When Project Freewheel was first unveiled, many readers first asked: How does it work? The question still comes up today. Back in my days when authoring Beyond the Paper, Software Architect, Ben Cochran, and I provided a high level overview:
Using just his browser, a user sends an URL (Uniform Resource Locator) to the Project Freewheel server. The URL identifies the location of a DWF file publicly available on the internet. Alternatively, the user can specify the path to a DWF file on a local or network hard drive.
The Project Freewheel server uses the internet to retrieve a copy of the DWF file onto the local hard drive of the server. Password protected DWF files, DWF files with digital rights management, or files in a location where a user name and password are required will not work (at this time).
To create Project Freewheel, we took the core rendering engine from the Autodesk Design Review and AutoCAD, tuned it for a web server, and repackaged it. Project Freewheel uses this rendering engine to convert the DWF file to a PNG (Portable Network Graphics) or JPEG (Joint Photographic Experts Group) image file.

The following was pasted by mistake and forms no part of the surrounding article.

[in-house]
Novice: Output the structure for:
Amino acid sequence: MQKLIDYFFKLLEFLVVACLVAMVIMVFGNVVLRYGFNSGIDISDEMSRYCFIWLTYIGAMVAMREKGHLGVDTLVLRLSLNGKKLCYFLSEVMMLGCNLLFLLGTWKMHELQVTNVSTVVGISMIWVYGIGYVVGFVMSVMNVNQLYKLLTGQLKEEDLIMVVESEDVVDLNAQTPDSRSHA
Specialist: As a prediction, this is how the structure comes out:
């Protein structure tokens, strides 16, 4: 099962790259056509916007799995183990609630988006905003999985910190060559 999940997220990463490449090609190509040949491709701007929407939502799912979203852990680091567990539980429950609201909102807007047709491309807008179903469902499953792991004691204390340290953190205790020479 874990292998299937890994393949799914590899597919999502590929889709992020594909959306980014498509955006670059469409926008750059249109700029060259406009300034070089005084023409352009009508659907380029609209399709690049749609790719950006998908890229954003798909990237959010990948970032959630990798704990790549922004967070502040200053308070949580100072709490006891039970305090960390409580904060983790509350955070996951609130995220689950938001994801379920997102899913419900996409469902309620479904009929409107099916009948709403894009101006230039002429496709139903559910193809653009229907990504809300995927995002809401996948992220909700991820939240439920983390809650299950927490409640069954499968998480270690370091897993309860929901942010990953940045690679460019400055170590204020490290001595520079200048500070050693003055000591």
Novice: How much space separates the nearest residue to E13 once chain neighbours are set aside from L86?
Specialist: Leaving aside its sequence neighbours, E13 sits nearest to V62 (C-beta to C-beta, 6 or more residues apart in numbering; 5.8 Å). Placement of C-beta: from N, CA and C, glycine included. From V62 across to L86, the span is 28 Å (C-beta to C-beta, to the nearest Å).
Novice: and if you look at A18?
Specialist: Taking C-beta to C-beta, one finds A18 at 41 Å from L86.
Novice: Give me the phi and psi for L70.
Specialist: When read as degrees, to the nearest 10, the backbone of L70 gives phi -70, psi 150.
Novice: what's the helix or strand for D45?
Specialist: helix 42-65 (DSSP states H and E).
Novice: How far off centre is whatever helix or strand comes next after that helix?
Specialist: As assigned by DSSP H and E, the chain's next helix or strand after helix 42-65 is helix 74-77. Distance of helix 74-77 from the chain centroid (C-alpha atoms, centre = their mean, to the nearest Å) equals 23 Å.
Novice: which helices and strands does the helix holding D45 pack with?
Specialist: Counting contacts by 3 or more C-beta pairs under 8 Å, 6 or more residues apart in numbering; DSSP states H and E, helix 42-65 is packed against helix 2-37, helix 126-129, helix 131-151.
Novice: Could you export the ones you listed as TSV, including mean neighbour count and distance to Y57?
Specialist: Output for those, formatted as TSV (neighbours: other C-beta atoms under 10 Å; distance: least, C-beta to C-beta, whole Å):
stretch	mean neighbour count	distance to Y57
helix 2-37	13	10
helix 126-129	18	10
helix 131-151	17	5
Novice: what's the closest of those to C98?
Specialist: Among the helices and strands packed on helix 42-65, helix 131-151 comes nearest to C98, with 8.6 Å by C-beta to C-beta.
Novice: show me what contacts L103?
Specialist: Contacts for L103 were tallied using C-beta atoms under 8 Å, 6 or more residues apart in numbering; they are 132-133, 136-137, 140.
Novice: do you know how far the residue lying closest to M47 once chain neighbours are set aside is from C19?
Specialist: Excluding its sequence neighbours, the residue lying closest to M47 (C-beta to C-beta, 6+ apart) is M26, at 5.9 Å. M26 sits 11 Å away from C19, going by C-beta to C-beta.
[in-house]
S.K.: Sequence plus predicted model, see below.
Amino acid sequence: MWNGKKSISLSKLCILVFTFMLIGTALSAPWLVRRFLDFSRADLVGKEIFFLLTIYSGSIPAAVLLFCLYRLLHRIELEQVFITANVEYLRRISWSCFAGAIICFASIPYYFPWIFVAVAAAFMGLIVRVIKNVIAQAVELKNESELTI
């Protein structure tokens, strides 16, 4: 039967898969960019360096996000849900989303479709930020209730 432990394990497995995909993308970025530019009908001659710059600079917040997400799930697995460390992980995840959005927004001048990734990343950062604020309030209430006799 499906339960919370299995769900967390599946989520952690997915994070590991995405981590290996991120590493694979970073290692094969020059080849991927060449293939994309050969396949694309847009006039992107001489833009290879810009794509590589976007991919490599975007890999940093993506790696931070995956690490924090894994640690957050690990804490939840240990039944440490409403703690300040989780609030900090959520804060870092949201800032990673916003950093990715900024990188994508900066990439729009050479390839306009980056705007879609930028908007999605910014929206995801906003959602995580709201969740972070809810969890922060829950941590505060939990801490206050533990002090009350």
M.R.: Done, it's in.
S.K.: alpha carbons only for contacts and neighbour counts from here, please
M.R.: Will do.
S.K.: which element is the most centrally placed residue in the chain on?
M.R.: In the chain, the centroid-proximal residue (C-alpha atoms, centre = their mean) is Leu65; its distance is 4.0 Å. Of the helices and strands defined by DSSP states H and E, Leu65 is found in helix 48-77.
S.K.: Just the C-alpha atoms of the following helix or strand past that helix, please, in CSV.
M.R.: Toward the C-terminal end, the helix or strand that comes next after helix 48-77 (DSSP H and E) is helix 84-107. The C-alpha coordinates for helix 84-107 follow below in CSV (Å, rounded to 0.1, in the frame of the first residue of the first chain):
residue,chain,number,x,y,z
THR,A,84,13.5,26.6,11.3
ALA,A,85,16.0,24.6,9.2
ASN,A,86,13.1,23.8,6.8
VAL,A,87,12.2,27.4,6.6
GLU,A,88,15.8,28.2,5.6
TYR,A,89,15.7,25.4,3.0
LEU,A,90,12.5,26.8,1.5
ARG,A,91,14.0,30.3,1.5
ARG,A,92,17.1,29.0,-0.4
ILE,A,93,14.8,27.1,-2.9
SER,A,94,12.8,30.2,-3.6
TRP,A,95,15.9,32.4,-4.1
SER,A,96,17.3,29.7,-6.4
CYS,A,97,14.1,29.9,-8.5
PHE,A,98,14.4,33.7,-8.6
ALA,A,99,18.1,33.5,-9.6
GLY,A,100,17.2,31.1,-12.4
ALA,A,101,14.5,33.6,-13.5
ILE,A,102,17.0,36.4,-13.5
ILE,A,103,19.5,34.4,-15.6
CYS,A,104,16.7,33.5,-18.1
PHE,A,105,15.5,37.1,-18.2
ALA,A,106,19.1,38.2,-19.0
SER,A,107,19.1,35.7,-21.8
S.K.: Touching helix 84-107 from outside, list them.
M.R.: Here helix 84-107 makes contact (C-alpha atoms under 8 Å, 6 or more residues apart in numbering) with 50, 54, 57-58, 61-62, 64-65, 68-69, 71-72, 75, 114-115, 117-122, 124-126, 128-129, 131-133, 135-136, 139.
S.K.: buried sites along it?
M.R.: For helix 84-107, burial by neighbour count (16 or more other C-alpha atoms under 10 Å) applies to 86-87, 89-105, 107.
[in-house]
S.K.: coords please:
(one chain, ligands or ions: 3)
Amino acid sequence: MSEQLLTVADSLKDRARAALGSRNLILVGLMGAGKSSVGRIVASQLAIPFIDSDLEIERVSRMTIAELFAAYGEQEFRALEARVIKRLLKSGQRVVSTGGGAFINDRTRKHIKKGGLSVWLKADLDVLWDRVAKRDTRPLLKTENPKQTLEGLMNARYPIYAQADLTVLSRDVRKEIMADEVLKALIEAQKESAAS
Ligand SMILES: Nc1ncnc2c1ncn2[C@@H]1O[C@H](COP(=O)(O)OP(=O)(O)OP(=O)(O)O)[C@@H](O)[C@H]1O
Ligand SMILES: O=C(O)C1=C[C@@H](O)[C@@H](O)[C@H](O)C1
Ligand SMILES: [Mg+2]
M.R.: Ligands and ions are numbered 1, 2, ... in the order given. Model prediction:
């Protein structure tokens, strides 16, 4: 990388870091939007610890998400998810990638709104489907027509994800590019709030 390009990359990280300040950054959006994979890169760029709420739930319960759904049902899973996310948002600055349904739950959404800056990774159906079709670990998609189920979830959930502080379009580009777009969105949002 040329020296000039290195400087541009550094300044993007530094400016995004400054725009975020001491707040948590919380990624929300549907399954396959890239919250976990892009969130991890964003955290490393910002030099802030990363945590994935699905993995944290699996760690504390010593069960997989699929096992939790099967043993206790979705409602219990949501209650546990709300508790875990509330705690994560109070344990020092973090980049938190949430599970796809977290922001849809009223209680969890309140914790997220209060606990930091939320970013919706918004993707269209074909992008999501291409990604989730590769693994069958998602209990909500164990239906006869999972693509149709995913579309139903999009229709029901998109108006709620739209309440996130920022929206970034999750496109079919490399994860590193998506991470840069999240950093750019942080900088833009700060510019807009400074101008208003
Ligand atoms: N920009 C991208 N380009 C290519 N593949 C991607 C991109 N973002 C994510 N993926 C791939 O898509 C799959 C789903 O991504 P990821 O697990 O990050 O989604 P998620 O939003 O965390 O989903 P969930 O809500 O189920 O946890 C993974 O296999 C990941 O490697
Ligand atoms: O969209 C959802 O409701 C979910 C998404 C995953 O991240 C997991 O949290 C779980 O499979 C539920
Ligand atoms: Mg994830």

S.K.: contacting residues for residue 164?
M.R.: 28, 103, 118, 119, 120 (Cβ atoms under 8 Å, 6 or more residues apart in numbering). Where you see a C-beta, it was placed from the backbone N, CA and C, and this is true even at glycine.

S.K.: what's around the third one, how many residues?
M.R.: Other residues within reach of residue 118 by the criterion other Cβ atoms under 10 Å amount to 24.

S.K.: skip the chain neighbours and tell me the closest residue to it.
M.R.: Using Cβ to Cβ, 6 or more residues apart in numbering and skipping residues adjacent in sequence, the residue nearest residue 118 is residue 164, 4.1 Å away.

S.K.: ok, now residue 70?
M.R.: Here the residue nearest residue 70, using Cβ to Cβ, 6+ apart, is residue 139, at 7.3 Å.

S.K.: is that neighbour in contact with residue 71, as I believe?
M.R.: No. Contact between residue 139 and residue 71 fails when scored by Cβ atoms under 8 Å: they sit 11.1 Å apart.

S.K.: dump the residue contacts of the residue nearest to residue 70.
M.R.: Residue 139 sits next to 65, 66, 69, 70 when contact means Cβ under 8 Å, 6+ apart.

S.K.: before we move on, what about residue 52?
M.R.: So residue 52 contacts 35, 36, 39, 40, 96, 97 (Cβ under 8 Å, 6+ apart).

The Project Freewheel server returns the image to the user's browser. Since image files can be viewed natively by browsers, no additional software is required. Nothing has to be installed on the user's machine. A low resolution image is returned for immediate viewing while a higher resolution image is generated and then returned.
The ability to pan, zoom, and orbit DWF files free from installing software and independent of a particular platform allow users who: cannot install Autodesk Design Review, are running on Linux or the Macintosh, or are using a device such as a cell phone to view the design data with true fidelity.